| Welcome to Global Village Space

Sunday, May 19, 2024

Internet restricted across Iran amidst Mahsa Amini death protests

Iran has shut off the internet in parts of Tehran and Kurdistan, and blocked access to platforms such as Instagram and WhatsApp, in an attempt to curb a growing protest movement that has relied on social media to document dissent.

As protests over the death of a young woman in the care of the morality police rock the Islamic Republic, Iranian authorities claim they will block internet access in the nation until an order is restored to the streets.

Since the murder last week of Mahsa Amini, 22, who was detained in Tehran and transported to a “re-education center,” presumably for failing to properly wear her hijab, thousands of Iranians have flocked to the streets in protest.

Read more: Iran’s President cancels CNN interview after Amanpour rejects wearing scarf

At least 40 towns around the country, including the capital Tehran, have witnessed protests since last Friday, with demonstrators calling for an end to violence and discrimination against women as well as the requirement to wear the hijab.

Outrage over Amini’s death comes from public skepticism over the account given by state officials, who claim she died after suffering a “heart attack” and fell into a coma. But Amini’s family has said she had no pre-existing heart condition.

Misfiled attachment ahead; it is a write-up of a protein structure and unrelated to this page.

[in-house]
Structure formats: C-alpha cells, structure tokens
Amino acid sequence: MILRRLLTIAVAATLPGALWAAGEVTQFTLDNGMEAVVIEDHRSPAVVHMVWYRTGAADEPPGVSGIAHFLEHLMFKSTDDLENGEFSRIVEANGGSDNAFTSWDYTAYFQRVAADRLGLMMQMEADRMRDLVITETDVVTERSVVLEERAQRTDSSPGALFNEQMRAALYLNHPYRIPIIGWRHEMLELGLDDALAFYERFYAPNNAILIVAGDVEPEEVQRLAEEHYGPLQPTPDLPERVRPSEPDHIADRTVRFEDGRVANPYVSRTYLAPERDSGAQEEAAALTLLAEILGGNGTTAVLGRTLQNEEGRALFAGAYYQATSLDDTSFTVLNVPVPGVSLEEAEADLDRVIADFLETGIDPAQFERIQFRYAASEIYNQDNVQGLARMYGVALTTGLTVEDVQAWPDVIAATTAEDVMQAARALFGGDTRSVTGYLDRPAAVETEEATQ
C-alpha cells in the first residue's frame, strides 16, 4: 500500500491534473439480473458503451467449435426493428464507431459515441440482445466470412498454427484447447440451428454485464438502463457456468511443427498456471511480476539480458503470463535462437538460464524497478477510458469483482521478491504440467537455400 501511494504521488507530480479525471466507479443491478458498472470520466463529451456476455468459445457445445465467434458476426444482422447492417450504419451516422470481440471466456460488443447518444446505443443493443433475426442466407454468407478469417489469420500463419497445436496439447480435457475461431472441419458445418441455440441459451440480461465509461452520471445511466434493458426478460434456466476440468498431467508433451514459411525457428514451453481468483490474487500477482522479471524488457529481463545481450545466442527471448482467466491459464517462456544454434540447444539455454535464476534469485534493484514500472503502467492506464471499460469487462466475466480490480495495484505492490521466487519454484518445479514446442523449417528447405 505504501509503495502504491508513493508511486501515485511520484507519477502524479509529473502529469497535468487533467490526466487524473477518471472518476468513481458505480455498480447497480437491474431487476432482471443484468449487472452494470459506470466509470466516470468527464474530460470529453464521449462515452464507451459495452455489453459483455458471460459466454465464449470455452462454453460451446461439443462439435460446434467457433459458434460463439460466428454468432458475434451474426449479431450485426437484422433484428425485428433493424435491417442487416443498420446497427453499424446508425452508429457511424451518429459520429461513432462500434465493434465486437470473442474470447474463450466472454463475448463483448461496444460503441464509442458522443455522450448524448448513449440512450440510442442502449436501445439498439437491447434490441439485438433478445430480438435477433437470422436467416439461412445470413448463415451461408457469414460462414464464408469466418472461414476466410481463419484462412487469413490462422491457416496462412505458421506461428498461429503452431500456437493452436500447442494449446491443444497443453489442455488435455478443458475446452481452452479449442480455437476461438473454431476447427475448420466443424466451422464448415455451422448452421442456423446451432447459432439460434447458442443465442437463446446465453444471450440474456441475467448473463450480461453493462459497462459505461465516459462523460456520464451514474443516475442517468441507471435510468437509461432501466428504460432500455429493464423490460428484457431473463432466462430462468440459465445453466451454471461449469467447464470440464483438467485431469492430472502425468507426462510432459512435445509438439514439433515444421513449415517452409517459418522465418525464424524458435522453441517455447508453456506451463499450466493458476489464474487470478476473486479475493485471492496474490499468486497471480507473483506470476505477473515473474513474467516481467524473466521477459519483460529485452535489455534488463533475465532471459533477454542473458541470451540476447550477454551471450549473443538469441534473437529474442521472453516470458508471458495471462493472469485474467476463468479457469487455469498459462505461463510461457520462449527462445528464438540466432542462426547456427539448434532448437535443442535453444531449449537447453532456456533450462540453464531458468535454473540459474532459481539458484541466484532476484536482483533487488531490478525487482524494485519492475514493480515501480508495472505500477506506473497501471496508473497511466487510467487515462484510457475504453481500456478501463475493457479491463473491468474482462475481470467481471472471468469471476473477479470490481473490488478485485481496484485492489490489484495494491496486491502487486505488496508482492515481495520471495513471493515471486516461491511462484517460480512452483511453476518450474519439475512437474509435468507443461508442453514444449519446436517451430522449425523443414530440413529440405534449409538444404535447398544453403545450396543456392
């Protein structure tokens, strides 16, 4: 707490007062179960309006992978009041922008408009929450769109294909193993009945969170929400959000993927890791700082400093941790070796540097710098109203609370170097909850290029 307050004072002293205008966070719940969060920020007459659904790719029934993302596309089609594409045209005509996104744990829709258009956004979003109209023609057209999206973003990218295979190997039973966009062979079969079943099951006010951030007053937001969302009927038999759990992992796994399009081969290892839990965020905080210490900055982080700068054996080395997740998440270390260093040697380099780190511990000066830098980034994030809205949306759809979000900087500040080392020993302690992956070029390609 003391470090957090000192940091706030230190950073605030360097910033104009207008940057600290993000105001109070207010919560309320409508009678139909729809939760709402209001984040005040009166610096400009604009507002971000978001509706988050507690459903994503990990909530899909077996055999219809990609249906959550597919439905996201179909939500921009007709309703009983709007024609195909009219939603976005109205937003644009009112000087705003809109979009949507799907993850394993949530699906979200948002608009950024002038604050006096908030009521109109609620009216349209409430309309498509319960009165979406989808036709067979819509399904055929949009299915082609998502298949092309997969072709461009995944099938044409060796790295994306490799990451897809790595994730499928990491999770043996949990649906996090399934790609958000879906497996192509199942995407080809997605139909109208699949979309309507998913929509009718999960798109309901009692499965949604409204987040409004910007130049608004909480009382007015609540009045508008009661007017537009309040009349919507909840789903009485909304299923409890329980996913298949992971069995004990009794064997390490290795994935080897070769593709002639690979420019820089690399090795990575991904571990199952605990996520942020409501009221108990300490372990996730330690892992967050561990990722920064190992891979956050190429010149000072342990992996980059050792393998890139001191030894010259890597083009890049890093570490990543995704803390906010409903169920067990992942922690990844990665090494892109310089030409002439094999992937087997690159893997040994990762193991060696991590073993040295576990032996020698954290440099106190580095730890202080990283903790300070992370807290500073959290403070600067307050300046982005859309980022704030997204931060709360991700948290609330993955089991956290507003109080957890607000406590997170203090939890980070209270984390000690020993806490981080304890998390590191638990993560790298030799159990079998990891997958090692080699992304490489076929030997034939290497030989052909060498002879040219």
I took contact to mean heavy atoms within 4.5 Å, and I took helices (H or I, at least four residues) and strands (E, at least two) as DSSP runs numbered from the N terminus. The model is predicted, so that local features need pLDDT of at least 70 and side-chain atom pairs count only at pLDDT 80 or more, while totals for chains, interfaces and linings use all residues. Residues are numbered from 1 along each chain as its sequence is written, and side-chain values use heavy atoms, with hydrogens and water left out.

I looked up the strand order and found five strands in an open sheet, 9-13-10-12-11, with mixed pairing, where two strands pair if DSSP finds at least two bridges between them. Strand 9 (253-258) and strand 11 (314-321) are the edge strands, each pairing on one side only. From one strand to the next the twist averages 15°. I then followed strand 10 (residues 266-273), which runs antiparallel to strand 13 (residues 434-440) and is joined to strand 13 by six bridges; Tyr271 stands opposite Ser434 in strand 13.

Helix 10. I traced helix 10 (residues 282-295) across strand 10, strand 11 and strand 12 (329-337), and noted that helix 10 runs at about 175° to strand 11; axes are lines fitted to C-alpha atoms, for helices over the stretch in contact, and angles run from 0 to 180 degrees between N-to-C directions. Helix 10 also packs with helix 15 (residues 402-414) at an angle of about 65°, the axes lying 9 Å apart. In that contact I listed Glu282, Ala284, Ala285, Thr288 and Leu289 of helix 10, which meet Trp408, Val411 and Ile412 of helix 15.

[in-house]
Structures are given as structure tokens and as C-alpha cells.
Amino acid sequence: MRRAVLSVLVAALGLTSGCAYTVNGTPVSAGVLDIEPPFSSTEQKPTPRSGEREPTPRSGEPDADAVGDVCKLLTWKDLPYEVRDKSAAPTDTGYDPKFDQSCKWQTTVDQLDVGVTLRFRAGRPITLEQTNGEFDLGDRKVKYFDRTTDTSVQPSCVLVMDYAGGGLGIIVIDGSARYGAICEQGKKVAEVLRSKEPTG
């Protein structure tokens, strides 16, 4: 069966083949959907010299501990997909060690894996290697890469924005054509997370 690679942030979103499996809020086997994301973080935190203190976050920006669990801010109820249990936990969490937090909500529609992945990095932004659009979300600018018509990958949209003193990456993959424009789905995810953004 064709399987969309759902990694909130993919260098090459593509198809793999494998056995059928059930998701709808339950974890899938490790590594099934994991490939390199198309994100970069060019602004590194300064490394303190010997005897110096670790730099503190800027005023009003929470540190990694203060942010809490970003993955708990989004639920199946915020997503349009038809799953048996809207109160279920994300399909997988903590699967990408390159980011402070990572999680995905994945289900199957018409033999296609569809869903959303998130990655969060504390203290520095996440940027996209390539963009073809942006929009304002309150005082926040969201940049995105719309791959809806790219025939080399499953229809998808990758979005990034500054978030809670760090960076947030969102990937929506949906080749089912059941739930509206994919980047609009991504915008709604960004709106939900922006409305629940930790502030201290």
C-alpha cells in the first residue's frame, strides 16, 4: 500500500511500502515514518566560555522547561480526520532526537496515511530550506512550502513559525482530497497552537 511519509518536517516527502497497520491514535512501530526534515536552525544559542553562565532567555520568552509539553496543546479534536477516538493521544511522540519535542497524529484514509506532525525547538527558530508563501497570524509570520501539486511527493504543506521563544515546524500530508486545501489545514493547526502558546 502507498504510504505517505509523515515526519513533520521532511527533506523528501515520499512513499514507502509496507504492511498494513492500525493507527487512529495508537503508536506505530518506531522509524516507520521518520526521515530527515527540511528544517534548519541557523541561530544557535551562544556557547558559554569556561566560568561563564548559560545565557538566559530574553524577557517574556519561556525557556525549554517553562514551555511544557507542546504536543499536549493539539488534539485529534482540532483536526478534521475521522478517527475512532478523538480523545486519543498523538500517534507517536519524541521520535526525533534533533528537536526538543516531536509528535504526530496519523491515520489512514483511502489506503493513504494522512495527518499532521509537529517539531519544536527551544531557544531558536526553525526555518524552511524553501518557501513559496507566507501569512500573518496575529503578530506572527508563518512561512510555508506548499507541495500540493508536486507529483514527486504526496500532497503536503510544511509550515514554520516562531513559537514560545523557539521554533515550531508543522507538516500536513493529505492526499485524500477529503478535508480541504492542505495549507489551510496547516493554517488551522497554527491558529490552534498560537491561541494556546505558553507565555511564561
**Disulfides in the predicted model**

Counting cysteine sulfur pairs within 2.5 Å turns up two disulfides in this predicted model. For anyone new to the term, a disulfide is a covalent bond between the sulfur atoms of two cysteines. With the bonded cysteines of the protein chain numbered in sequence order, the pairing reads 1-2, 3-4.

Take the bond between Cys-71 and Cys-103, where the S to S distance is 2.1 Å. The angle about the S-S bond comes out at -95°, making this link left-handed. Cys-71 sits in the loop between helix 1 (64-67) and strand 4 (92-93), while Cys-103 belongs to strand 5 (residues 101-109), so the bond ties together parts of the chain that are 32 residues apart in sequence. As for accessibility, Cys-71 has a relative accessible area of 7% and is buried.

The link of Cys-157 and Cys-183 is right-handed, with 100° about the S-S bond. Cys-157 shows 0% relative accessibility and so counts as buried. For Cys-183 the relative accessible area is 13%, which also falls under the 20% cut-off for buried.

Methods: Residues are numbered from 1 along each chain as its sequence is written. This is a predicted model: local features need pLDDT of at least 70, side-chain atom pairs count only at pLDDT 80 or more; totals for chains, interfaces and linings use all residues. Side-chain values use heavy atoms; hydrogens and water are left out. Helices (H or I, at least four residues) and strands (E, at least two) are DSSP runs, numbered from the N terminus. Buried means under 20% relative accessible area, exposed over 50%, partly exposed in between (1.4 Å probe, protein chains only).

Amini’s death has now become a symbol of the violent oppression women have faced in Iran for decades, and her name has spread around the globe, with world leaders invoking her even at the United Nations General Assembly in New York City this week.

The United Nations High Commissioner for Human Rights on Thursday said UN experts strongly condemned the use of physical violence against women in Iran by state authorities.

Read more: Will Iran turn to al-Qaeda to combat Islamic State?

Internet crackdown

The internet monitoring agency Netblocks said Friday that Iranians are facing a third wave of “nation-scale” loss of mobile internet connectivity as the protests continue.

The watchdog group said earlier in the week that Iran was experiencing the most severe internet restrictions since 2019, with mobile networks largely shut down and social networks Instagram and WhatsApp restricted in the country since protests began.

To circumvent internet blocks, Iranians both inside the country and in the diaspora are turning to popular Virtual Private Network (VPN) providers such as Tor Project and Hula VPN — the top downloaded apps available in Iran via Google Play Store, a marketplace for Android smartphone users to download apps, according to monitoring service AppBrain.